Blog Archive

Sunday, August 21, 2011

GDCE’11 highlights

I saw tons of talks at this GDC, and scribbled piles of notes. But ignoring notes, to-do exclamations and note-to-selfs these talks stand out in my memory:

- Dean Tate’s talk on Dance Central
- Carl Callewaert’s hands on demonstrations of Unity
- Richard Garriotts keynote on the three eras of gaming

Dance central

Break it Down! How Harmonix and Kinect Taught the World to Dance; The Design Process and Philosophy of Dance Central
Dean Tate (Harmonix Music)

The red thread in Tate’s talk was how the team had focused on making the learning of how to dance - the tutorial of breaking down the dance moves - into something fun, into a game in itself. Tate described clearly, and with a good balance of detail vs abstraction, the different iterations of development and testing was done in close tandem. Everyone who played Dance Central know that they really succeeded too - the result was awesome, and Tate did a great job describing what they did and how.


The Three Eras of Gaming and Why This One is a Game Changer
Richard Garriott (Portalarium)
Richard Garriott make one of these speeches that left me feeling inspired: Seeing small things in their right perspective - small, and that which sometimes seem unimportant - such as exploring ad hoc ideas that might not lead anywhere - as important. As for what he actually said: here is a link to the gamasutra summary.

What i found most intriguing was that he wants to reinvent role-playing for this new era of social gaming, starting with understanding the new players and help them along. (whereupon i made mental jazz-hands piping “me tooo! me tooo!”)


Carl Callewaert’s hands on demonstrations of Unity
Callewaert’s talks were my highlights because I’ll start using Unity this autumn, and Carl gave an excellent introduction. It wasn’t this tiresome “mumble-clicktety-click-mumblemumbleclick” but rather a clear and concise walk-trough. Thank you for that Carl!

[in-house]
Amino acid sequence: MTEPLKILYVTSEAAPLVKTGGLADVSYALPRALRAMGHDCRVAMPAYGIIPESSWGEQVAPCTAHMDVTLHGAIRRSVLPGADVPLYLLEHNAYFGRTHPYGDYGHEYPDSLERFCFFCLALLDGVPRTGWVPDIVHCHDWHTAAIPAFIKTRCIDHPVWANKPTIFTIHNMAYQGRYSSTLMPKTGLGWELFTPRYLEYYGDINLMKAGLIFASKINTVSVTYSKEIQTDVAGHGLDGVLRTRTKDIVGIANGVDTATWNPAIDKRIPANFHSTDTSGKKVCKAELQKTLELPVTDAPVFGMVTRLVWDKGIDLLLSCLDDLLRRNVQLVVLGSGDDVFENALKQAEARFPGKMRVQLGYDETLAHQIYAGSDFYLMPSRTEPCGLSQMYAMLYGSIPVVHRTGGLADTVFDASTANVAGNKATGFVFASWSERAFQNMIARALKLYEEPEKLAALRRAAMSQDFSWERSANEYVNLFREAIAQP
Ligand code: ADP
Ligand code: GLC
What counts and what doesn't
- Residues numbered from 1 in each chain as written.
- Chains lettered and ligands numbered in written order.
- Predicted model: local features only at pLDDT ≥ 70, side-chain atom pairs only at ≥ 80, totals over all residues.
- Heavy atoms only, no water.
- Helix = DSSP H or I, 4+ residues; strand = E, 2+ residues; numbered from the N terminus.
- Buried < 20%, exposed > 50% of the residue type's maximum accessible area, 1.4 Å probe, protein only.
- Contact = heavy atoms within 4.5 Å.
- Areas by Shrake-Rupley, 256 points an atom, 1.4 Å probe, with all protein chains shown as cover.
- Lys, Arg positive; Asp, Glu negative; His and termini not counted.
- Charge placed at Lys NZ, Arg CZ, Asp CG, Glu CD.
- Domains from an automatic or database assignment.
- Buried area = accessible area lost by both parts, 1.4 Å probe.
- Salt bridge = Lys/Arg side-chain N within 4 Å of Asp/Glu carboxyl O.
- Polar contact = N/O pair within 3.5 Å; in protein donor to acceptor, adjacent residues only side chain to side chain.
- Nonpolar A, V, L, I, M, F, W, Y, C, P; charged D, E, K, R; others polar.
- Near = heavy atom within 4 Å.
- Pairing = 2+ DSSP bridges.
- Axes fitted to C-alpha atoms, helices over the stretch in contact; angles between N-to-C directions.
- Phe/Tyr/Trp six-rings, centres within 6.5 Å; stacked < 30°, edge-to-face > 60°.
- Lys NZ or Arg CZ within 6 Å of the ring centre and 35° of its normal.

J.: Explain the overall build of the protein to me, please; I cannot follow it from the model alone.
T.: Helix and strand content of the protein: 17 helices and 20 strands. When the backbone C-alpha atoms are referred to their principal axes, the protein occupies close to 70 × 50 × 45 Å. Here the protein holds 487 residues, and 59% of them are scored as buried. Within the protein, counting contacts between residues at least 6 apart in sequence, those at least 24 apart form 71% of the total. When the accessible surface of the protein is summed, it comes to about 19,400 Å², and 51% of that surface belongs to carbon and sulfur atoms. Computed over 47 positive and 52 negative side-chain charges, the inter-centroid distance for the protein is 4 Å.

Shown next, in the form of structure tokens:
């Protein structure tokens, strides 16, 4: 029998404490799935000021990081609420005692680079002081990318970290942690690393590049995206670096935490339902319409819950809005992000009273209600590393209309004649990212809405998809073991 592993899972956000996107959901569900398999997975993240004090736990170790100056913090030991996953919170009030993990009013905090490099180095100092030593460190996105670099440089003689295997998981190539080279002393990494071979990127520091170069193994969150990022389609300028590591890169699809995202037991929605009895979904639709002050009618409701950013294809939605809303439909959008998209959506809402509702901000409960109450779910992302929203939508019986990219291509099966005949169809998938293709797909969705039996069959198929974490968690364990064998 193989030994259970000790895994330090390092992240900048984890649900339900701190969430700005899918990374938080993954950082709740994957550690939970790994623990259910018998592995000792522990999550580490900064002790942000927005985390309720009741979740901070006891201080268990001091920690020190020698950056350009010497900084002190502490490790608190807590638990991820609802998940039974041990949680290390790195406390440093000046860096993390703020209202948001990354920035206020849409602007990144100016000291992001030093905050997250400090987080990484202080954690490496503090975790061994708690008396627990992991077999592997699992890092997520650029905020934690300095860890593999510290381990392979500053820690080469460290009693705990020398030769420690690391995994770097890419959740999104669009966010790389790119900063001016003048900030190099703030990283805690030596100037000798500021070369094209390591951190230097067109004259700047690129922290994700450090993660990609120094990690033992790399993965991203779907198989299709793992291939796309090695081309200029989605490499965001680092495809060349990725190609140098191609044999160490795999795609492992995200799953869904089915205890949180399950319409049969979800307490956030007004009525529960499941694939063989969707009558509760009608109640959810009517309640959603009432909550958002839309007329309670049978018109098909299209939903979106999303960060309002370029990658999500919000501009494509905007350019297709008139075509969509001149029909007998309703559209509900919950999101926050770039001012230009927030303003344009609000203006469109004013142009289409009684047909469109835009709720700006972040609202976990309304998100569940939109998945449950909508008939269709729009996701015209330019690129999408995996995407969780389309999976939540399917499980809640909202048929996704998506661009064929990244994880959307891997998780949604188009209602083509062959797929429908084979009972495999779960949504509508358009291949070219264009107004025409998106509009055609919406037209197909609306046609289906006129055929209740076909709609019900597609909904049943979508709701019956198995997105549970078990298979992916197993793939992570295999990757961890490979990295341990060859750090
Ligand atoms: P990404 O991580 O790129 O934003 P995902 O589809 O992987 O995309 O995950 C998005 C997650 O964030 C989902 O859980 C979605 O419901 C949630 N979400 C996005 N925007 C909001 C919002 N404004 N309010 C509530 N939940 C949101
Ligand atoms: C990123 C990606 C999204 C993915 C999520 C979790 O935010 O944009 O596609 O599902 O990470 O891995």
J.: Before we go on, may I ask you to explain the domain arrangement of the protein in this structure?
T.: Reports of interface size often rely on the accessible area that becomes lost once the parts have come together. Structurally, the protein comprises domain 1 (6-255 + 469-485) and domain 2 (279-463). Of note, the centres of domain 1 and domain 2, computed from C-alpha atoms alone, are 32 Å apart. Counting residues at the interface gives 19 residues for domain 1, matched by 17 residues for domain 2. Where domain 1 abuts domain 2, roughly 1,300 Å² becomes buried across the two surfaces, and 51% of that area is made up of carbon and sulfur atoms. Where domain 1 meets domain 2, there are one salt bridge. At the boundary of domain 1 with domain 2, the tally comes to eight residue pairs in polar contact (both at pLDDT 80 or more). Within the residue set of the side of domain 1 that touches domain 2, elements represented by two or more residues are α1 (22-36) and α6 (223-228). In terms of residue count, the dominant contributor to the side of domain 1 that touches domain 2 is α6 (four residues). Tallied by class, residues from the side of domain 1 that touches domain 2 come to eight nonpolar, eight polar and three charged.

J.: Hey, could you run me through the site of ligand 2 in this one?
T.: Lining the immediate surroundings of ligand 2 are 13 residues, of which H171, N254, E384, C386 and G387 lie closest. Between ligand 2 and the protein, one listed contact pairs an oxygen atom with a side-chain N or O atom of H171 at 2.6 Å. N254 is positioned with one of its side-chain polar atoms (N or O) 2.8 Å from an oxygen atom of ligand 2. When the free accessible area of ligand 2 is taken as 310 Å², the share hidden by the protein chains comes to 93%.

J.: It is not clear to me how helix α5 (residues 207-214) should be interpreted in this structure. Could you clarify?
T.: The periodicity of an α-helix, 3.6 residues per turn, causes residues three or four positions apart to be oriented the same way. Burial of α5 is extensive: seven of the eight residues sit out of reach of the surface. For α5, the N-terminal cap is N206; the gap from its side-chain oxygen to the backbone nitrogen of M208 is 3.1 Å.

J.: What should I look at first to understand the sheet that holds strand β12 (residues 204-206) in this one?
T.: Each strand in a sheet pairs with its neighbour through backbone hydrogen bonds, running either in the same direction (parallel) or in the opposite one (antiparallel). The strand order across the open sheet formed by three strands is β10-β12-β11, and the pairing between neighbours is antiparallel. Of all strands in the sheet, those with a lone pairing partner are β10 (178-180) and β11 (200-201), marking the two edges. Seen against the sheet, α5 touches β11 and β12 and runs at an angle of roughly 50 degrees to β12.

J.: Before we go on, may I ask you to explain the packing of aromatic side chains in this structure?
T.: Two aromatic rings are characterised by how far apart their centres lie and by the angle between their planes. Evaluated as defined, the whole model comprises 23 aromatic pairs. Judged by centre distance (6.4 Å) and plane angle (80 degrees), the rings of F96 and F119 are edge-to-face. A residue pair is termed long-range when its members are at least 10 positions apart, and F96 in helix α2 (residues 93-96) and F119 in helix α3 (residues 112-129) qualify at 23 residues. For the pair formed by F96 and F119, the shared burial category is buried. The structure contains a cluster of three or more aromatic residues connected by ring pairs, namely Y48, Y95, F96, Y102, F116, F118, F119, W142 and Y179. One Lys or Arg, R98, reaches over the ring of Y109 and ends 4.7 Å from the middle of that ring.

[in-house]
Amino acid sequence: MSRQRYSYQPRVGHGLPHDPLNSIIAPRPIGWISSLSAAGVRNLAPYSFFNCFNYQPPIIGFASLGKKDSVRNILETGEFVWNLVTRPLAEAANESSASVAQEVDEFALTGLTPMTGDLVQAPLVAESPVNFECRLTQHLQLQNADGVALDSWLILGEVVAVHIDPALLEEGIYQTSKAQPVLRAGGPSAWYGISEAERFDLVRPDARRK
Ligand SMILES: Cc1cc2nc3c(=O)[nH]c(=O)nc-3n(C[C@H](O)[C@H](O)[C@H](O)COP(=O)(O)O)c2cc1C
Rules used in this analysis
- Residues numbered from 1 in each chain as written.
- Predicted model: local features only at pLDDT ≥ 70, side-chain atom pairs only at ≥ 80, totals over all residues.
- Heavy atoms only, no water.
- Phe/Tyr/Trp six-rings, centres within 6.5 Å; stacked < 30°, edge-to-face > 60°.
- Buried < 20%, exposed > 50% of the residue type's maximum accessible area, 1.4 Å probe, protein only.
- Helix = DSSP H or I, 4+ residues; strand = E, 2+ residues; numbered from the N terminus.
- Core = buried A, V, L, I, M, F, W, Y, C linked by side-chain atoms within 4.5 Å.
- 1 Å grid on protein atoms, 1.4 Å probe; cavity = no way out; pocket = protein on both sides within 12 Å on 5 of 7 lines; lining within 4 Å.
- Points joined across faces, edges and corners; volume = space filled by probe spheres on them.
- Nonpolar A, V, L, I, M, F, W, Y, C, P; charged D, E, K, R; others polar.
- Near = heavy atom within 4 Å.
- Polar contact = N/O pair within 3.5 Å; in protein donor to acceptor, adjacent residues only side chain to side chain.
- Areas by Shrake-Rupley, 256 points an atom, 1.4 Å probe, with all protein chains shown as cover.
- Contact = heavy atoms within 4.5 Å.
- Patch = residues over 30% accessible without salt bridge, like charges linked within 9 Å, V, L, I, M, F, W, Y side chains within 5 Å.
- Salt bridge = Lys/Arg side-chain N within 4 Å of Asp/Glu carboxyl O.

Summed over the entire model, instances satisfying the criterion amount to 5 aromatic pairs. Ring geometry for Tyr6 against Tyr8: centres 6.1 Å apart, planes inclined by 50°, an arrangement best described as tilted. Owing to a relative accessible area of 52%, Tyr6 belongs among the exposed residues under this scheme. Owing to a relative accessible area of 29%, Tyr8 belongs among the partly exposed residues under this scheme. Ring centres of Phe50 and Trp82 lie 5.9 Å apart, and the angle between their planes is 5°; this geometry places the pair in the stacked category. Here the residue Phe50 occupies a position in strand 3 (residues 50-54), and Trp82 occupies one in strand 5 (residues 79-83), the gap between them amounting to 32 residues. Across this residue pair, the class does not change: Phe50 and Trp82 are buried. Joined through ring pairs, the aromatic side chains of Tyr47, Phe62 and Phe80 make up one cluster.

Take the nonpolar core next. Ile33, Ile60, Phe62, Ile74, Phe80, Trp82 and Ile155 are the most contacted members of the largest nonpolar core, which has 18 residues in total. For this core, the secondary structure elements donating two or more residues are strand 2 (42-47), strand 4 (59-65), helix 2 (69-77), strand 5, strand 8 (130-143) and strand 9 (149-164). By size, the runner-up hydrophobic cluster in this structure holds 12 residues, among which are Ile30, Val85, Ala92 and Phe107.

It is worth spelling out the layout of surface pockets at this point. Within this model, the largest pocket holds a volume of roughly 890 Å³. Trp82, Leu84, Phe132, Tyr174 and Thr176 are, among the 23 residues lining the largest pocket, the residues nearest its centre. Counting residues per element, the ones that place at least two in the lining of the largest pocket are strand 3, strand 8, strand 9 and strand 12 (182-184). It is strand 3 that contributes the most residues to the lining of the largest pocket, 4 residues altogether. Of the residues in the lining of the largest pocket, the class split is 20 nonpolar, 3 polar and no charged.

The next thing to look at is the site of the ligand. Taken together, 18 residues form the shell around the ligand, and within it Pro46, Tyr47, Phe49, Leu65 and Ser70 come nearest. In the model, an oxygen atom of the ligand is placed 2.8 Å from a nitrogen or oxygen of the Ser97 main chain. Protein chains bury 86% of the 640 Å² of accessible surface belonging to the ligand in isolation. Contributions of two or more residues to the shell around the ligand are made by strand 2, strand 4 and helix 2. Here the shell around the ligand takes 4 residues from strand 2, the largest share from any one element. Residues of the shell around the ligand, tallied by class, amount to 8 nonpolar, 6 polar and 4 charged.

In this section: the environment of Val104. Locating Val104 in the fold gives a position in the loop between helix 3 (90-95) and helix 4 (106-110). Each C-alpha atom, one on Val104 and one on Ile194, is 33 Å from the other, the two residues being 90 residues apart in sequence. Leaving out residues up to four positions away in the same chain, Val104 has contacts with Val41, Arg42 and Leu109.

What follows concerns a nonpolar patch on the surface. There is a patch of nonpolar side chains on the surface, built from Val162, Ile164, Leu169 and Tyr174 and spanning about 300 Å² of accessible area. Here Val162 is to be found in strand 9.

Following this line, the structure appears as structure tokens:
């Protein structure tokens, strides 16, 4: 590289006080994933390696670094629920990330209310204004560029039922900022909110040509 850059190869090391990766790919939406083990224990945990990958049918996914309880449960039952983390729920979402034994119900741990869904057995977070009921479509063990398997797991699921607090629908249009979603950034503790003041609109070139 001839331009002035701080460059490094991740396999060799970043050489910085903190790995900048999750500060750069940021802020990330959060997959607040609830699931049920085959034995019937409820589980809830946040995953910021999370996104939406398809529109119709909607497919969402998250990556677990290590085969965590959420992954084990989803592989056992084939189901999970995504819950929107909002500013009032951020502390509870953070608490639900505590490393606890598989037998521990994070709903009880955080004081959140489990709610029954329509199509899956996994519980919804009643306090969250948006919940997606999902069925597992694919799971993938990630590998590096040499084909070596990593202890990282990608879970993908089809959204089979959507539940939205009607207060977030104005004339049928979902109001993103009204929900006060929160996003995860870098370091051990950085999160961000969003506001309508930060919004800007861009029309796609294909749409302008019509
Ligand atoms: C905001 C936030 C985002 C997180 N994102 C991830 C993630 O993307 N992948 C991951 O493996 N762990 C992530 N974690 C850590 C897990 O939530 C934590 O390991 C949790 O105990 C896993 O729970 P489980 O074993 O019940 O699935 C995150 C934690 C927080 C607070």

Saturday, August 20, 2011

GAME-blob goes to GDCE'11

We travelled from Gotland to GDCE and Gamescom in Cologne like a big (pretty cosy) blob. We joked about how we’d need vests that would blink or make sounds whenever any of us 19 people got too far away from a dynamically updated centre-point of our blob.

Here is the blob negotiating a ticket-machine as we are arriving to Cologne.

Arrived to Köln, negotiating ticket machines

The Blob by our booth:
by our booth at GDCE'11

Blob got lost in the parking lot (trying to find the crytech party)

Blob is lost

Blob decides that even if the sign is promising, this is not the right party.

Blob is stuck! (but we made it in the end, and our blob merged with the mega-GDCE-blob )
Blob faces a challenge

One of the great things with travelling in a blob was that we could spread out over the whole conference program - and occasionally the hive mind would gather to compare. Now I know which talks I need to listen to when they come online in the GDC Vault. One is John Blows talk on “Truth in Game Design”. The blob didn’t agree at all about that talk, so it seems to be really interesting. Another talk I’ll access is Peter Holzapfels talk “Team Jazz and Production Kung Fu - How Different Art Forms Can Help Us to Create Better Games”. Several in the blob loved this talk. The same goes for Thomas Grips’ talk “Evoking Emotions and Achieving Success by Breaking All the Rules”. The part of the blob that listened to this one says it was the best talk of the whole conference.

Sunday, August 07, 2011


I just played/read/interacted with the interactive fiction piece "Violet" by Jeremy Freese. The protagonist is a PhD student who needs to write a thousand words for his thesis on his birthday otherwise his fiance will leave him. Oh, how I can relate to the procastrination for writing, to what desperate means can be necessary for concentration. How there can be no distractions, and how he threaten himself in order to get the job done. And its funny too!

As a reader you get put in the main characters shoes by needing to type in what he does (like "put gum in ears" or "pee in flowerpot") while interacting with his fictional version of his girlfriend. The roles of the main character, the story teller and the reader works magnificently in this piece of interactive fiction.

Another thing that worked exceptionally well was the chunking of the text blocks, and how the information was revealed: just right in order to be dramatic, and to pace the progress. I found it difficult sometimes to know what to type - it had to be exactly what the system expected, not any alternative formulations. Since it is impossible for the reader know exactly what to type it is necessary to type "hint". Then, the system tells you what to type.

URL for Violet: